By Coach Robert Wilhite
Talk about opening up a can of worms. Well, the subject of having float or not in your cleat system, is one sure to stir up the can. For someone who has no interest in being politically correct, my motivation is always to tell the truth with respect. That said, no matter what perspective on float you have chosen to accept or believe, my hope is that you read this article with an open mind. It might surprise you what you may learn.
To start off, let me explain float, as I can’t assume that everyone who reads this will automatically know what that is. Simply put, a cleat that has float allows you to move (or swivel) your heel from side to side, while your shoe is clipped into the pedal. Of course, zero float means when you clip in, that swivel ability is not there; your shoe stays in a static position.
For example, this image above shows cleats for Look Keo pedals. The black cleat is a zero float, the red is a 9 degree float and the grey cleat is 4 1/2 degree float. If you use Shimano SPD-SL cleats, the image below shows your option of cleats. The red cleat has zero float, the blue cleat has 3 degree float and the yellow cleat has 6 degree float.
The Speedplay Zero pedal system below has 15 degree float, allowing you to adjust the float from wide open (15 degrees), down to a fixed position (or zero float).
There are other systems out there, but for the sake of space, I am limiting my spotlight on these three pedal systems because they are by far the most widely used brands for road cyclists.
Back to the float for a minute. Whatever the degree of float a cleat has, means you can swivel your heel half that amount in either direction. For example, if you have the yellow Shimano 6 degree float cleats, that means you can actually swivel your heel approximately 3 degrees to the right and left from a center position.
To Float Or Not To Float
Next, I want to tackle the different perspectives of using…or not using…cleats with float. First, let’s start with zero float cleats. If you google enough, then you will find that the overwhelmingly majority of the cycling industry steers you away from using zero float cleats. Their reasoning is that if you use these type cleats, then the result is that you are locking down your shoes in a static position.
This zero float doesn’t allow you to have any play or swivel in your foot position and therefore affects the position of your knees in the same fashion. Their argument is that if you lock down your feet and knees in a static, repetitive position, then the result will be potential knee injury to the tendons and ligaments that are so sensitive around the front and back of your knees. At first glance, this sounds totally plausible and would certainly lead you to believe that you better choose a cleat that has float, to avoid this potential injury.
Obviously, if someone has had previous knee injuries or surgeries, then the level of sensitivity only rises regarding the protection of your knees, leading many to gravitate to cleats that have the most amount of float. To some degree, I absolutely agree with this perspective.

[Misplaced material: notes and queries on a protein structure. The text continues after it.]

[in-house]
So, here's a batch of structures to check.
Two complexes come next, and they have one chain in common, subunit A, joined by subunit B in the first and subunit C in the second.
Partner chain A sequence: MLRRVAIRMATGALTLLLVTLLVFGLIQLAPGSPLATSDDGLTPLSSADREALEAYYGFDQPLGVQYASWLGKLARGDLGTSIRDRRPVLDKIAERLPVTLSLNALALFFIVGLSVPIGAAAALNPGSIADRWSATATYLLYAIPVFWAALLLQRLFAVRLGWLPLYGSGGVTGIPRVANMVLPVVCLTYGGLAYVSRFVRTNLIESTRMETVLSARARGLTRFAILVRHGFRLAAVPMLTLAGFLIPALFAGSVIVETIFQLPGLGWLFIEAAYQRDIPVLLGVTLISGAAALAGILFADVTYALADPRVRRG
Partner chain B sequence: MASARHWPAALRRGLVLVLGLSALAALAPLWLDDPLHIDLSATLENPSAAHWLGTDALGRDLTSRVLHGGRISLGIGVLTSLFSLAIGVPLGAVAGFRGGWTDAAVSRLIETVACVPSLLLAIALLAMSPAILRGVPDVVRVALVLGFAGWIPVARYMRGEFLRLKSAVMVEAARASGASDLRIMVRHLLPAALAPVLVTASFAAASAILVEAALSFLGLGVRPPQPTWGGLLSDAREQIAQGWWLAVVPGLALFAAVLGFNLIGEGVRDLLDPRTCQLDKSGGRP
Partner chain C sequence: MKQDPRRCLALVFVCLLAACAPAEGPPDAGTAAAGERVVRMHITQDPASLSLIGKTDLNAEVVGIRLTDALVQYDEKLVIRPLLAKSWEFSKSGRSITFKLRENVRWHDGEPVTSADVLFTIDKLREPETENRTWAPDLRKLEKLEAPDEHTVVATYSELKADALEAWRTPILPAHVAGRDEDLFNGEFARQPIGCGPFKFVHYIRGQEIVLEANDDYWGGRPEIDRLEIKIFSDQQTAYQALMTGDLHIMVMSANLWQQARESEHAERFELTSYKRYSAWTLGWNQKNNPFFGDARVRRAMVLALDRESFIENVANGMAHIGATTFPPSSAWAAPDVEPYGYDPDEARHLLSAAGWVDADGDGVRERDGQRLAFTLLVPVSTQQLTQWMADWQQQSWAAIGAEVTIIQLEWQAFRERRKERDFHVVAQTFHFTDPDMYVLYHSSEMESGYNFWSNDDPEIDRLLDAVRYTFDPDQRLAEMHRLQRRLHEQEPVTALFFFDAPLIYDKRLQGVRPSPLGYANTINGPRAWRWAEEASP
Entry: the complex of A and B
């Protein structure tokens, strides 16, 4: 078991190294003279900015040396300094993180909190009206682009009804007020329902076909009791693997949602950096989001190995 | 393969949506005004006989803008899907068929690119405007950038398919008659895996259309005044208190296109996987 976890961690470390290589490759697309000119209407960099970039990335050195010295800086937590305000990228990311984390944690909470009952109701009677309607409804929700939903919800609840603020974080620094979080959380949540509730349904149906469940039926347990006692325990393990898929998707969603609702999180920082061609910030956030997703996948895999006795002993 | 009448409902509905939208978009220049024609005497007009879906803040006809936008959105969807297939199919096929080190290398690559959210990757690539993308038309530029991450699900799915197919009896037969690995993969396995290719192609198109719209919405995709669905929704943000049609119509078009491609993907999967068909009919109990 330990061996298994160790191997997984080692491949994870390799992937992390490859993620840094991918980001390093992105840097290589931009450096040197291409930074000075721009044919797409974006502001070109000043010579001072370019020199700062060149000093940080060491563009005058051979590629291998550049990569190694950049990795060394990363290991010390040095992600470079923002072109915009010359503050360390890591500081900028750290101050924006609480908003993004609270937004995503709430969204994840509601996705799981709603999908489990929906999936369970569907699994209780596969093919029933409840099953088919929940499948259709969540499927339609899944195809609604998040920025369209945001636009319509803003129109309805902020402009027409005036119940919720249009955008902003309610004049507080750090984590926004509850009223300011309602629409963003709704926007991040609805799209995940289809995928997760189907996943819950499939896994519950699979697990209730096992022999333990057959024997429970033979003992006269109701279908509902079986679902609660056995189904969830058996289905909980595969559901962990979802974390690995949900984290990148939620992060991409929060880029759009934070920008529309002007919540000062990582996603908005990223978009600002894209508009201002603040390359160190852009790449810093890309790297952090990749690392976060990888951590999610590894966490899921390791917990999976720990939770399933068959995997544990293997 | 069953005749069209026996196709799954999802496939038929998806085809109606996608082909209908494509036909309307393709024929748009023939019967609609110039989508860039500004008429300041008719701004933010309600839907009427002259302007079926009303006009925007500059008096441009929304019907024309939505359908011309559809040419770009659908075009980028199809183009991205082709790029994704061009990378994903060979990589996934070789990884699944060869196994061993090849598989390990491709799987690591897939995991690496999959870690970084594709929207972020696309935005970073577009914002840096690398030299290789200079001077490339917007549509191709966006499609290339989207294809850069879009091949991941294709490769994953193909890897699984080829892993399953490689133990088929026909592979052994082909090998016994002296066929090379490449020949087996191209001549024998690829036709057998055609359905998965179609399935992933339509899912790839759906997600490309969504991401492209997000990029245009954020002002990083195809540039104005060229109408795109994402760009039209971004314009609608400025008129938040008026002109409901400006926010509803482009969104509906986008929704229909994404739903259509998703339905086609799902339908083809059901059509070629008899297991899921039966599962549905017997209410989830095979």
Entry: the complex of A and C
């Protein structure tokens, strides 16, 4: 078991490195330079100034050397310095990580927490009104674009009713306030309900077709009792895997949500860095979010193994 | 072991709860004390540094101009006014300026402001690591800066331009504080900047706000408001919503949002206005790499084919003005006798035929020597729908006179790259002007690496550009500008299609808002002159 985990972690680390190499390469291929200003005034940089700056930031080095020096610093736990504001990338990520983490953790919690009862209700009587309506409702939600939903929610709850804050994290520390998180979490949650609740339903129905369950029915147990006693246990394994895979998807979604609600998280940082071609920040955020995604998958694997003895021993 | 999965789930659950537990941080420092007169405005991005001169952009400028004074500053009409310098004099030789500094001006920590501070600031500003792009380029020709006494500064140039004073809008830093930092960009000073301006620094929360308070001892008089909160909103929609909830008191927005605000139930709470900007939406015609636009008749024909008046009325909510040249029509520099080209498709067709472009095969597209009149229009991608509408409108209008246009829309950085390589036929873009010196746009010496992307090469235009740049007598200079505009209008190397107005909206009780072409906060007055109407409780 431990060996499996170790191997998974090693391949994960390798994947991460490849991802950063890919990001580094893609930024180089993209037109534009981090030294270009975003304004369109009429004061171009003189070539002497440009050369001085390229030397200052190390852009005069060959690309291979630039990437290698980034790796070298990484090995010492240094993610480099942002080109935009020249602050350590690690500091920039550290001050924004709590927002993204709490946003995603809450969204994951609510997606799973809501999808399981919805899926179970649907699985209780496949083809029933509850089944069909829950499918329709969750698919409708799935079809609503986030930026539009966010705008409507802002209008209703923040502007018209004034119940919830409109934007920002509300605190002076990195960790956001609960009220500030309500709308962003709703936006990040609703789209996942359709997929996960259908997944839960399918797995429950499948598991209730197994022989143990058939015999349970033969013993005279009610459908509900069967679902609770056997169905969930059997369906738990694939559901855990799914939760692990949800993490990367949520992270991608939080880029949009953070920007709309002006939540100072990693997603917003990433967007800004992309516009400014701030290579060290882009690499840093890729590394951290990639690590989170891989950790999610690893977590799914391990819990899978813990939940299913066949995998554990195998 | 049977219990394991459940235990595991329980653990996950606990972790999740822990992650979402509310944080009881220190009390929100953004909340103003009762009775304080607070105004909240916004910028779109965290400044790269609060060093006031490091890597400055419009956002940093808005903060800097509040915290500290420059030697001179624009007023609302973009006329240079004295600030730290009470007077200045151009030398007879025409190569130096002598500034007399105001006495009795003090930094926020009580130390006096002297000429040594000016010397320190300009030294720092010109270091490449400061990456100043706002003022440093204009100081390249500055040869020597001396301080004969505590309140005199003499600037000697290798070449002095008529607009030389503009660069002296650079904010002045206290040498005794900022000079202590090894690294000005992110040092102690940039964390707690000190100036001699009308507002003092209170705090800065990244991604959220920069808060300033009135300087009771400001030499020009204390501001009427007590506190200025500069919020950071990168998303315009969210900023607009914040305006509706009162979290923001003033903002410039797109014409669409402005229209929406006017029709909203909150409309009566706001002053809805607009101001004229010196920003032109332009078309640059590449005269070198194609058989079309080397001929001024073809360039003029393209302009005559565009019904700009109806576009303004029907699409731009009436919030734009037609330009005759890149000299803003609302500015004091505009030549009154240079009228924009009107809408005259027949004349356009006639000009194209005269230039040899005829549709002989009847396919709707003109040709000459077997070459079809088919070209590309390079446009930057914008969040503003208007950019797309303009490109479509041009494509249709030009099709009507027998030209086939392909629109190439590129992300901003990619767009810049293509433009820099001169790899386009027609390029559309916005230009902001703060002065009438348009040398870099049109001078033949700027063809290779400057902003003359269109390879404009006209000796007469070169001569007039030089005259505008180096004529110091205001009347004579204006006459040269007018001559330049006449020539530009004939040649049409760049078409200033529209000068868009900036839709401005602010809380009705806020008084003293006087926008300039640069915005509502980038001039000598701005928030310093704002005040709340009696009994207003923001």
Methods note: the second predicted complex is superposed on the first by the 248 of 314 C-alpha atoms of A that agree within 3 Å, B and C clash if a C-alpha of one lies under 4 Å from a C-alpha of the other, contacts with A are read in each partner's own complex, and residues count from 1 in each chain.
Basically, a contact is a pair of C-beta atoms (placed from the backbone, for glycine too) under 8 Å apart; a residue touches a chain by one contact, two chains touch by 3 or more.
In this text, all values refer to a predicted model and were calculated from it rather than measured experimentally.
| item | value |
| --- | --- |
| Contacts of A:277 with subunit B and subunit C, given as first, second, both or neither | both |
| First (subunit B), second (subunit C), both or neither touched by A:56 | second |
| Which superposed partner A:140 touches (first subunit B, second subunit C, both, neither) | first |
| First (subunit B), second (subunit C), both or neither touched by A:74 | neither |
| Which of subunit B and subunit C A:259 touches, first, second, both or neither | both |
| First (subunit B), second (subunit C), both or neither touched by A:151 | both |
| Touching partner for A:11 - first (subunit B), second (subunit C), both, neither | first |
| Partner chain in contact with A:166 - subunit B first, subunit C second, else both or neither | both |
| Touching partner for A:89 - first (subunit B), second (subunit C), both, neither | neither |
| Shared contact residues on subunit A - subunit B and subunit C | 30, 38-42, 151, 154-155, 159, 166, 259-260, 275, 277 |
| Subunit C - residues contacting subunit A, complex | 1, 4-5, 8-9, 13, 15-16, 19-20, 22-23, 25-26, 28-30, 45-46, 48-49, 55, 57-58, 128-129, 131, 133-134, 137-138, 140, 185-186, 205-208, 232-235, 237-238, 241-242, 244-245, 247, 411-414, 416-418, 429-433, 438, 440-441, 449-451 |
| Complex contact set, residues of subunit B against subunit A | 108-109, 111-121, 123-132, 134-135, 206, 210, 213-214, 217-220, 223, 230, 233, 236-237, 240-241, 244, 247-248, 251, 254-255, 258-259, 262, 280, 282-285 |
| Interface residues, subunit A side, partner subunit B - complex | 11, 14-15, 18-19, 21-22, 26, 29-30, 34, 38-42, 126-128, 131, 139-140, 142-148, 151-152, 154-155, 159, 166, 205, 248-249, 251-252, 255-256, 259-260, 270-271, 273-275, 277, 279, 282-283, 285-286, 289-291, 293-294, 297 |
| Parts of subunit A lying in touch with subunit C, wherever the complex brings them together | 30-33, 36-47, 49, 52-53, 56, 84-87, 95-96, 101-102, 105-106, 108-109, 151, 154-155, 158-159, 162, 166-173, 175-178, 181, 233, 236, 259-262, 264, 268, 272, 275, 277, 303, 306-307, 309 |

Now, I am going to share with you, from a bio-mechanical perspective, the very reasons why the cycling industry says you should NOT use zero float cleats. In my opinion, these are the very reasons why you SHOULD use zero float cleats. Sounds crazy, right? Hang with me and I’ll explain my case. Then you decide.
The next time you walk down a hall, pay attention to how each of your feet strikes the ground, as it relates to a center, straight line. Typically, the majority of us walks in a way that each foot is angled out to the side a bit and the rare few whose feet strike the ground in a perfect parallel position. Obviously, the way your feet strike the ground is what is natural to you…and to each individual foot; there is no cookie-cutter guideline for this. Everybody is different. Every foot is different.
Here’s a little drill for you, but you will need a helper. I want you to start walking towards your helper and find a fixed point to keep your eyes on; this allows you to walk a straight line. When you reach your helper, stop so that each foot is beside each other. Each foot will mirror the same angle they stuck the ground when you were walking, with a slight caveat. When you actually stop, there is a tendency for your feet to slightly adjust, meaning the angle your feet are when you stop may not be the exact angle they were striking the ground when you were walking.
This is why you need a helper to identify if this slight adjustment happens when you stop. By the way, if you look down at your feet while walking, it won’t ensure you walk an actual straight line, so keep your eyes fixed on that point. When I’m doing a cleat fitting, I crouch down to the floor and hold up my fist in the air and instruct Clients to keep their eyes on my fist. Works every time.
Movement Means Power Loss and More
Now, let’s assume that both feet are angled out a bit from a center line position, with your heels being closer together than the opposite end of your feet. Pay attention to your knees. Feel any uncomfortableness or tightness? Of course not, because you are standing in what is a natural position for you.
Next, I want you to purposefully pick up your heels and move them away from each other, so that now your feet are in a perfect parallel position to each other. Pay attention to your knees. Feel any uncomfortableness or tightness now? Though it may be very slight, you should be nodding your head yes. What you feel is your tendons and ligaments in an unnatural position and are now being stretched in such a way that is not natural for your feet alignment.